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  • Special Section Introduction:Creativity and Cognition 2007: Materialities of Creativity
  • Elisa Giaccardi (bio) and Linda Candy, Special Section Guest (bio)

New concepts emerged during the 6th Creativity & Cognition conference in June 2007, indicating a growing convergence across disciplinary boundaries and an enriched language of discourse between artists, designers, scientists and technologists.

Notions of materiality—from physical objects for playful exploration to processes and materials by which to think and connect—represented a common thread in many contributions. In this special section a selection of significant articles from the design, engineering and aesthetic traditions has been brought together to offer a reasoned collection of current understandings of materiality and its application in support of creativity.

Many recent advances in the arts and sciences can be related to a deepening knowledge of the nature of materiality, understood as both the applied use of various materials and substances and the formation of objects of thought such as images, concepts and memories [1]. Understanding the new status and properties of objects and materials for invention and creativity that emerged with the advent of new industrial products in the 1970s and the spreading of information technologies later in the 1980s has been a continuing effort [2]. In particular, the "metamorphosis" of materials into processes produced by information technologies and telematics gave rise to the idea of an immaterial space freed from the physical quality of a material substance. This notion of immateriality [3] promoted the exchange and relation model over the substance model, replacing the structural principle of a stable substance with an understanding of materiality as an unstable set of relations and interactions. Similarly, the notion of a "synthetic universe" [4] promoted the idea of an isomorphism between language and object, as the result of structures of numerical calculation and representation that do not mark formal boundaries between objects but rather passages of status and linguistic transformations. The switch from an understanding of materiality as a system made of physical and identifiable objects to a continuum made of communication surfaces has since then stressed the criticality of the interface as the place where the actual materiality of the object is defined through exchange of energy and information [5].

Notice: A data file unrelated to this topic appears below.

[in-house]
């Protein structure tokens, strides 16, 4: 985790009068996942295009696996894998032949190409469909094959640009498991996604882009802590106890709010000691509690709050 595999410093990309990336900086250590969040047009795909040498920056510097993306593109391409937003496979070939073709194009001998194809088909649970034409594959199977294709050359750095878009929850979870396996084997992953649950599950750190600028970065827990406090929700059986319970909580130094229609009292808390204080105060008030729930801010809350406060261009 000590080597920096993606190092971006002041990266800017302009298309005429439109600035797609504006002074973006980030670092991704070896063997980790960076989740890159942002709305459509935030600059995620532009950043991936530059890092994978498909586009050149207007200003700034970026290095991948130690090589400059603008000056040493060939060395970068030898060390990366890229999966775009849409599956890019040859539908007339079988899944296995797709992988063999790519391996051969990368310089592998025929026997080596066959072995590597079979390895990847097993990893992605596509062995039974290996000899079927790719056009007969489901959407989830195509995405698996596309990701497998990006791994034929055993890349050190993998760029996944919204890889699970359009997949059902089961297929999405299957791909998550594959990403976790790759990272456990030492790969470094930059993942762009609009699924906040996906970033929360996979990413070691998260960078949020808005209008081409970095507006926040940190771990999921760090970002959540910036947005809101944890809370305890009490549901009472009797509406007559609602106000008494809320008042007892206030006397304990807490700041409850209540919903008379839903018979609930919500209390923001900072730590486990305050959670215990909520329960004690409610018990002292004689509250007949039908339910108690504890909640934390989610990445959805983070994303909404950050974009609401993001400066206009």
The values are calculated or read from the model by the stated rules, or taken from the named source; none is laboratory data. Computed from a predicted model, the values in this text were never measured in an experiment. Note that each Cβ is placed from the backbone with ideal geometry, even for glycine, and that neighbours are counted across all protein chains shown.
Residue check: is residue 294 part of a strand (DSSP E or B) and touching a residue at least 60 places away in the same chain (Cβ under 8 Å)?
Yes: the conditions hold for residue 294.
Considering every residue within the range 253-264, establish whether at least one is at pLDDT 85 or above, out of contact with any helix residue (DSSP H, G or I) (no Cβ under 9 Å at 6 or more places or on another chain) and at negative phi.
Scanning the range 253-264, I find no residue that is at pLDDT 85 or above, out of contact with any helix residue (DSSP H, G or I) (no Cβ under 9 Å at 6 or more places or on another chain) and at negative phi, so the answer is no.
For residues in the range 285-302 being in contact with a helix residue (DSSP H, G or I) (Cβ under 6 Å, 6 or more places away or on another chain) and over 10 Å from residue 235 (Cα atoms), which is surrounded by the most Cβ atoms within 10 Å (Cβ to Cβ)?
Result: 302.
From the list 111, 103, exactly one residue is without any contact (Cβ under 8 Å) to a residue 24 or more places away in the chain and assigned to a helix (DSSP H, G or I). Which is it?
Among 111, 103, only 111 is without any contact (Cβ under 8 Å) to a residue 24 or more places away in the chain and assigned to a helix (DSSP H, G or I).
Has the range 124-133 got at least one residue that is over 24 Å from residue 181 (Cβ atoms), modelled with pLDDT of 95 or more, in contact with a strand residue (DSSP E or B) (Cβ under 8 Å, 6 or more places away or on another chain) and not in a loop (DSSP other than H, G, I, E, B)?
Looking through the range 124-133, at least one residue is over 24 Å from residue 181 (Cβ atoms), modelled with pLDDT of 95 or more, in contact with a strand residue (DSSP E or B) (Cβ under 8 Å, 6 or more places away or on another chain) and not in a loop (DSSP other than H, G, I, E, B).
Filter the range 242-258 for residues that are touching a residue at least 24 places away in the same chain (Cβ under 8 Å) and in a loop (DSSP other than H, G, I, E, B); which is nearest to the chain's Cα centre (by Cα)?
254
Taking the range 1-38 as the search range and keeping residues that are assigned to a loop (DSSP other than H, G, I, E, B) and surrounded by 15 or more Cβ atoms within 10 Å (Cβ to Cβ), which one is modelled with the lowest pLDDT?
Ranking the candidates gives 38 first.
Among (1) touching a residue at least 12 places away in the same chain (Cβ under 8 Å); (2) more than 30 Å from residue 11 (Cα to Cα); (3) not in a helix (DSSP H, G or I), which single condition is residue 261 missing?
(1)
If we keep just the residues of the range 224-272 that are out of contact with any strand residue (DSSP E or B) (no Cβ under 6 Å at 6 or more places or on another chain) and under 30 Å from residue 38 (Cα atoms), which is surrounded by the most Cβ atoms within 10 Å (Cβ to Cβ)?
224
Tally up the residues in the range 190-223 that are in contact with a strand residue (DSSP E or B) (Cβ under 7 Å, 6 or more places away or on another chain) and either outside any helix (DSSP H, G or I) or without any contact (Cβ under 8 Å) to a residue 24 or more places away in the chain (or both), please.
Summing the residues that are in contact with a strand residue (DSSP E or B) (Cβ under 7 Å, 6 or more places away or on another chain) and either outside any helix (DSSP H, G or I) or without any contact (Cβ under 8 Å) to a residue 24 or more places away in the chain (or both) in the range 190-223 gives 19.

Today, new technologies, interfaces and metaphors have emerged and are being explored to inform the convergence of disciplinary boundaries. The five articles included in this special section further deepen our knowledge and understanding of materiality. By exploring perceptive, expressive and performative dimensions of creative cognition and interaction, the articles provide an account of the changes produced by emerging technologies with respect to today's "materialities of creativity."

Materials of Imagination

When materiality is connected to memory and imagination, understanding how sensory experience informs memory and how memory of physicality and materiality, in turn, influences creative cognition, may be critical in creative digital practice. Cathy Treadaway [6] investigates these issues in the context of case study research in textile art and through collaborative art-making. Her strategy is to challenge the detached role of the researcher and engage in an empathic experience with the artists' creative processes, so as to provide insights into how digital tools can stimulate remembrance of physical experiences and support creative practice and expressivity.

On the software side, ideas of emerging materiality are explored in creative software development. Through a musical instrument perspective, Olav Bertelsen, Morten Breinbjerg and [End Page 194] Søren Pold [7] focus on the nature of software materiality and raise new problems for traditional human-computer interaction (HCI). They see computer-mediated activity as chains of complex mediation in which the dominant form of representation is metonymy rather than metaphor. This poses the challenge of how to conceptualize and further "metonymical design" as a way to creatively work with software as both object of thought and material of invention.

Affordance of Play and Tinkering

When materiality is addressed as affordance for design and critical reflection, then tinkering and the play instinct must be encouraged to support creative engagement with the material of the design situation. Contributing long-established educational experience in computational design and supported by a small number of relevant examples, Mark Gross and Ellen Yi-Luen Do [8] explore characteristics of the learning environment and patterns of...


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pp. 193-196
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